Helijia, a nearly two-year-old, China-based company whose app helps users browse for and book beautify appointments across numerous cities in China, has raised $50 million in Series C funding led by an undisclosed “first-rate” VC firm, with participation from earlier backers IDG Capital Partners and CBC Capital. Tech in Asia has more here.
Lifecode, a four-year-old, Foster City, Ca.-based next-generation molecular diagnostics company, has announced a previously undisclosed $20.5 million Series A round led by Sequoia Capital, with the The Mayo Clinic and Mayo Ventures participating. More here.
LiveFyre, a five-year-old, San Francisco-based company that makes social-media and other content-management tools for large enterprise customers, has raised $47 million in funding from new investors Adobe Ventures and Salesforce Ventures, along with earlier backers Cue Ball Capital, Greycroft Partners, Hillsven Capital and U.S. Venture Partners. The company has raised $67.3 million to date, shows Crunchbase.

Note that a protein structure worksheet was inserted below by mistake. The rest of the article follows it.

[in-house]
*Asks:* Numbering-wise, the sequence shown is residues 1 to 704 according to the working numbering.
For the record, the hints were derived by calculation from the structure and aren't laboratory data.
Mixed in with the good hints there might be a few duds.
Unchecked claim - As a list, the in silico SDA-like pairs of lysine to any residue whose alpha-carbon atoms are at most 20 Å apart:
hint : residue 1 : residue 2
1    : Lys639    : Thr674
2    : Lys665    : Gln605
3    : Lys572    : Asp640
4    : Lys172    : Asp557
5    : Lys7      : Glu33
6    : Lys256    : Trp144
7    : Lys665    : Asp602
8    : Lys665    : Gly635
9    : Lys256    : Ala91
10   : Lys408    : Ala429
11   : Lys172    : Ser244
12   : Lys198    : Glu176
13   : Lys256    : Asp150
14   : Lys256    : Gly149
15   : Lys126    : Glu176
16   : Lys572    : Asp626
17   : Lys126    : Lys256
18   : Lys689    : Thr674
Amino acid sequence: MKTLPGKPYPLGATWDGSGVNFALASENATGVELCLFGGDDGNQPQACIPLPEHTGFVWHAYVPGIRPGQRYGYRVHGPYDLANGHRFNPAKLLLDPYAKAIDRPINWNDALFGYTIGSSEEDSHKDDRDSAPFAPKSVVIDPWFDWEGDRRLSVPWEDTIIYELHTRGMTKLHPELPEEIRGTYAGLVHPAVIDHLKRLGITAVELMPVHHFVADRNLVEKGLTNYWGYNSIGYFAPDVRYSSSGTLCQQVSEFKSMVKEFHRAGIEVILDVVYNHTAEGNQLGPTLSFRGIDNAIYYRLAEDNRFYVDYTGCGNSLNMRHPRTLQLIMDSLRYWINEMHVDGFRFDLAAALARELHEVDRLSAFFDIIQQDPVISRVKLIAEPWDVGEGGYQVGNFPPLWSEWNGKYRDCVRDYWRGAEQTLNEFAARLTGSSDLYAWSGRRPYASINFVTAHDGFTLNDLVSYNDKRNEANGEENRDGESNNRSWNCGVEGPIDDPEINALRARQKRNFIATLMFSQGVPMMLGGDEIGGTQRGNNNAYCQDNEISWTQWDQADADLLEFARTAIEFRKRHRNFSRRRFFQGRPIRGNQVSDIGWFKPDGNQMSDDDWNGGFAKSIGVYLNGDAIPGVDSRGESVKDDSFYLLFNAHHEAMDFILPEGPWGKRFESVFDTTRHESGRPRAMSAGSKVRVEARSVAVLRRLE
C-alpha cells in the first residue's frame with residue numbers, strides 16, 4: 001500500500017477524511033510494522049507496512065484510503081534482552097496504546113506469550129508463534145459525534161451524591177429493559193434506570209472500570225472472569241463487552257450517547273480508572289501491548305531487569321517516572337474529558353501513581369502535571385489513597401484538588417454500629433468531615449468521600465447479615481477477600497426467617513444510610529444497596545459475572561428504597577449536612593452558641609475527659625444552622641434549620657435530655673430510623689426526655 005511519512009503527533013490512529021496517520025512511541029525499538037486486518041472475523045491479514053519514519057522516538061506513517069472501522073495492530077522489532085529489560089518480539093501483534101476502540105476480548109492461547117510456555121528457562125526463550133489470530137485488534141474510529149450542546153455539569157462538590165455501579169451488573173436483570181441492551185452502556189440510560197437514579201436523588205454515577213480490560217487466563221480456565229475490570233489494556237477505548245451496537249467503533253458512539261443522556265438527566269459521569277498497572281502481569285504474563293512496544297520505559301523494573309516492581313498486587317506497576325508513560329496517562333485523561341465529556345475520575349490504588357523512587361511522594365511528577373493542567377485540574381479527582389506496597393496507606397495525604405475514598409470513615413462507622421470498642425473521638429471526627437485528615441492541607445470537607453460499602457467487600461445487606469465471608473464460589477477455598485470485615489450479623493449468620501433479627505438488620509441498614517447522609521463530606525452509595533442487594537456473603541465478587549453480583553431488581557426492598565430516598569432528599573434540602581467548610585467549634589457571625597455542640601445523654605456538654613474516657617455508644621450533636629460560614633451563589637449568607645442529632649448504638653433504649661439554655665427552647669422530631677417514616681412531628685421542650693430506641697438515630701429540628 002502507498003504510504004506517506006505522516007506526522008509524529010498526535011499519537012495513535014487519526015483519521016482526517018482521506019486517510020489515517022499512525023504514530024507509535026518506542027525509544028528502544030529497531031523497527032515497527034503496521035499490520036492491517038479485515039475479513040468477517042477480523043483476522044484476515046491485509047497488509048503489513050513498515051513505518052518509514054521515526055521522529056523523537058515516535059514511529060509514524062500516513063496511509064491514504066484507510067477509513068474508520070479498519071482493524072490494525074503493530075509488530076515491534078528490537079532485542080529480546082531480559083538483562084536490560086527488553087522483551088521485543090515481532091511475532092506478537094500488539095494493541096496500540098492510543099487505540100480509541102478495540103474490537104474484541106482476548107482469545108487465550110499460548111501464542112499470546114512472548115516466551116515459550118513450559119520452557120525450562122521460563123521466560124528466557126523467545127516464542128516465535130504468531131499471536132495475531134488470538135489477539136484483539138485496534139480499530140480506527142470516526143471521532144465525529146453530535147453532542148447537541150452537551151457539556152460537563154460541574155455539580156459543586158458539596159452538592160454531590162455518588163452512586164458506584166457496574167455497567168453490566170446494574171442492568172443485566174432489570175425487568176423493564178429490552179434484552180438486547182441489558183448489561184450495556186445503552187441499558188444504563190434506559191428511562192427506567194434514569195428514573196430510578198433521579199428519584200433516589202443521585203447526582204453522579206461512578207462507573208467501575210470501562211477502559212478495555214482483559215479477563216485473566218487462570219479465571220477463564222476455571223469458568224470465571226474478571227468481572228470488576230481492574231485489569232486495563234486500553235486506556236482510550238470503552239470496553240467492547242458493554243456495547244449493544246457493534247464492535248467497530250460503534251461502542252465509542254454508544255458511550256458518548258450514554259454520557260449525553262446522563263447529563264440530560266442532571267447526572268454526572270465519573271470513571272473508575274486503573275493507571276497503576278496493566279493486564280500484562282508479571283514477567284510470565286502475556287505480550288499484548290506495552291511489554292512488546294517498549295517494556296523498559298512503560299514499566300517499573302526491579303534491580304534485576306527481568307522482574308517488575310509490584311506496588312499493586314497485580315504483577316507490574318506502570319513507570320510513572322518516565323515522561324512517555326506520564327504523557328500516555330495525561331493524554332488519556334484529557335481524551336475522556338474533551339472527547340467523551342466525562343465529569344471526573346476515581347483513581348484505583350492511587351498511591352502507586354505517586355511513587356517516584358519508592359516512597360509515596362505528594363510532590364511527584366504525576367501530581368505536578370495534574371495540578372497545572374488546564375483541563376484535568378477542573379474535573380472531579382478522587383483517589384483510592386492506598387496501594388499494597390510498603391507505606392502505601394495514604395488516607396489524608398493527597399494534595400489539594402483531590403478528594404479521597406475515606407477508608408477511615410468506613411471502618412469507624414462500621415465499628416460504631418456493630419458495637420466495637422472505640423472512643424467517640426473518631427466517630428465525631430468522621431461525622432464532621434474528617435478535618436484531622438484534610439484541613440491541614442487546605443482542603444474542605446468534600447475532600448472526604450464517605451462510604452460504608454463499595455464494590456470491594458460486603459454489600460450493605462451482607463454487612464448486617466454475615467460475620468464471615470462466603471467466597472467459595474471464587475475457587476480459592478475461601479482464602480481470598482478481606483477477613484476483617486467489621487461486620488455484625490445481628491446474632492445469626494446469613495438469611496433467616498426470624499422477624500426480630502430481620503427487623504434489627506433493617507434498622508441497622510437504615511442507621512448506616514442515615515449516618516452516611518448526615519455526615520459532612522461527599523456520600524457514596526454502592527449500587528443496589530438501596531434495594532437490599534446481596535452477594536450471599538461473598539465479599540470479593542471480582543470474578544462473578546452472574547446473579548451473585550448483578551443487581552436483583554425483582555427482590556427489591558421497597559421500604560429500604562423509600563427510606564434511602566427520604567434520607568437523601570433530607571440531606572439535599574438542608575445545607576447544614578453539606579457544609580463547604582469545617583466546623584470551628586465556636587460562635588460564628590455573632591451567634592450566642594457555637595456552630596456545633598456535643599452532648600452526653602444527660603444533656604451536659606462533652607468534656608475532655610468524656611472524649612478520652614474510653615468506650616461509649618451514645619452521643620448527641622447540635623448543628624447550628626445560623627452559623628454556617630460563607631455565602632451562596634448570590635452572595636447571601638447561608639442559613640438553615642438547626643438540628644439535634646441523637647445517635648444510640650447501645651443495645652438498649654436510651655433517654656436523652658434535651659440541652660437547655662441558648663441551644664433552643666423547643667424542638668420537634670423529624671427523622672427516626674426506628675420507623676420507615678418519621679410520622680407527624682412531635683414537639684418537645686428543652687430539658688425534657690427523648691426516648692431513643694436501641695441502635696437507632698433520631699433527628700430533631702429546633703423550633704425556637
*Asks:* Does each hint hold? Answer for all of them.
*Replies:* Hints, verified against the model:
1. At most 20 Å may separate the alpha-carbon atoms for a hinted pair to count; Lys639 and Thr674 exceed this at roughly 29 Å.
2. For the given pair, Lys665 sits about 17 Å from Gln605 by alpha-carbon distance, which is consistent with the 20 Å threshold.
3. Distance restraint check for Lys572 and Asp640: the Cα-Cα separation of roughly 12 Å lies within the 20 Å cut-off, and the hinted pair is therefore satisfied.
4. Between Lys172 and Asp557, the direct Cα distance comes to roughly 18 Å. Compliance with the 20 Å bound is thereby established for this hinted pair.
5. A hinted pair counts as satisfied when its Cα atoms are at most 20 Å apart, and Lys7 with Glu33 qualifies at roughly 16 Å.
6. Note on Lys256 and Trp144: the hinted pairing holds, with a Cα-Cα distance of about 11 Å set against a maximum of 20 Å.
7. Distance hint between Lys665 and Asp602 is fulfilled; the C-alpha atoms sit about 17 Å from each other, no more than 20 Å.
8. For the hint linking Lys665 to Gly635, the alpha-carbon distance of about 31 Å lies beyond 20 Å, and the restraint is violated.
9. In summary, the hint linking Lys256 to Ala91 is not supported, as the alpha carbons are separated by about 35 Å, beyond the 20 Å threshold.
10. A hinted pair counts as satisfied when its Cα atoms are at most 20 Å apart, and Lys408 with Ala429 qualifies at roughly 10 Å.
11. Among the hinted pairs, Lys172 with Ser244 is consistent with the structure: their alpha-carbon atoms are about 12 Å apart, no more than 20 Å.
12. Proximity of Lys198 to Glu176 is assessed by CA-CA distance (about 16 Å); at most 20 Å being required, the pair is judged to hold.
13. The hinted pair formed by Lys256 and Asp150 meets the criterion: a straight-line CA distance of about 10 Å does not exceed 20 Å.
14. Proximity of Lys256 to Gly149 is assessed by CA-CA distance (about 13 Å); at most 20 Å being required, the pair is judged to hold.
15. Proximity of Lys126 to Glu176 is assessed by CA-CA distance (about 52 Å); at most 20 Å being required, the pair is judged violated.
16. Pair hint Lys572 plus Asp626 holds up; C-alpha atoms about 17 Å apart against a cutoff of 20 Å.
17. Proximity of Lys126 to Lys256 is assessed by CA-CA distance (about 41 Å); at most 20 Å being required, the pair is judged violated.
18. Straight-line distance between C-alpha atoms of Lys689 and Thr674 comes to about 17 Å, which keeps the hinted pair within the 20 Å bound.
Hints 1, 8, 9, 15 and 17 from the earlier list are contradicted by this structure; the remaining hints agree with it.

Practo, a nearly seven-year-old, Bangalore, India-based platform used to find and book doctors’ appointments, has raised $30 million in Series B funding from Matrix Partners and earlier backer Sequoia Capital, which had provided the company with $4 million in Series A funding in 2012.
Sqrrl Data, a 2.5-year-old, Cambridge, Ma.-based company whose database detects and responds to cybersecurity threats, has raised $7 million in Series B funding led by Rally Ventures, with participation from earlier backers Atlas Venture and Matrix Partners. The company has now raised $14.2 million to date, shows Crunchbase.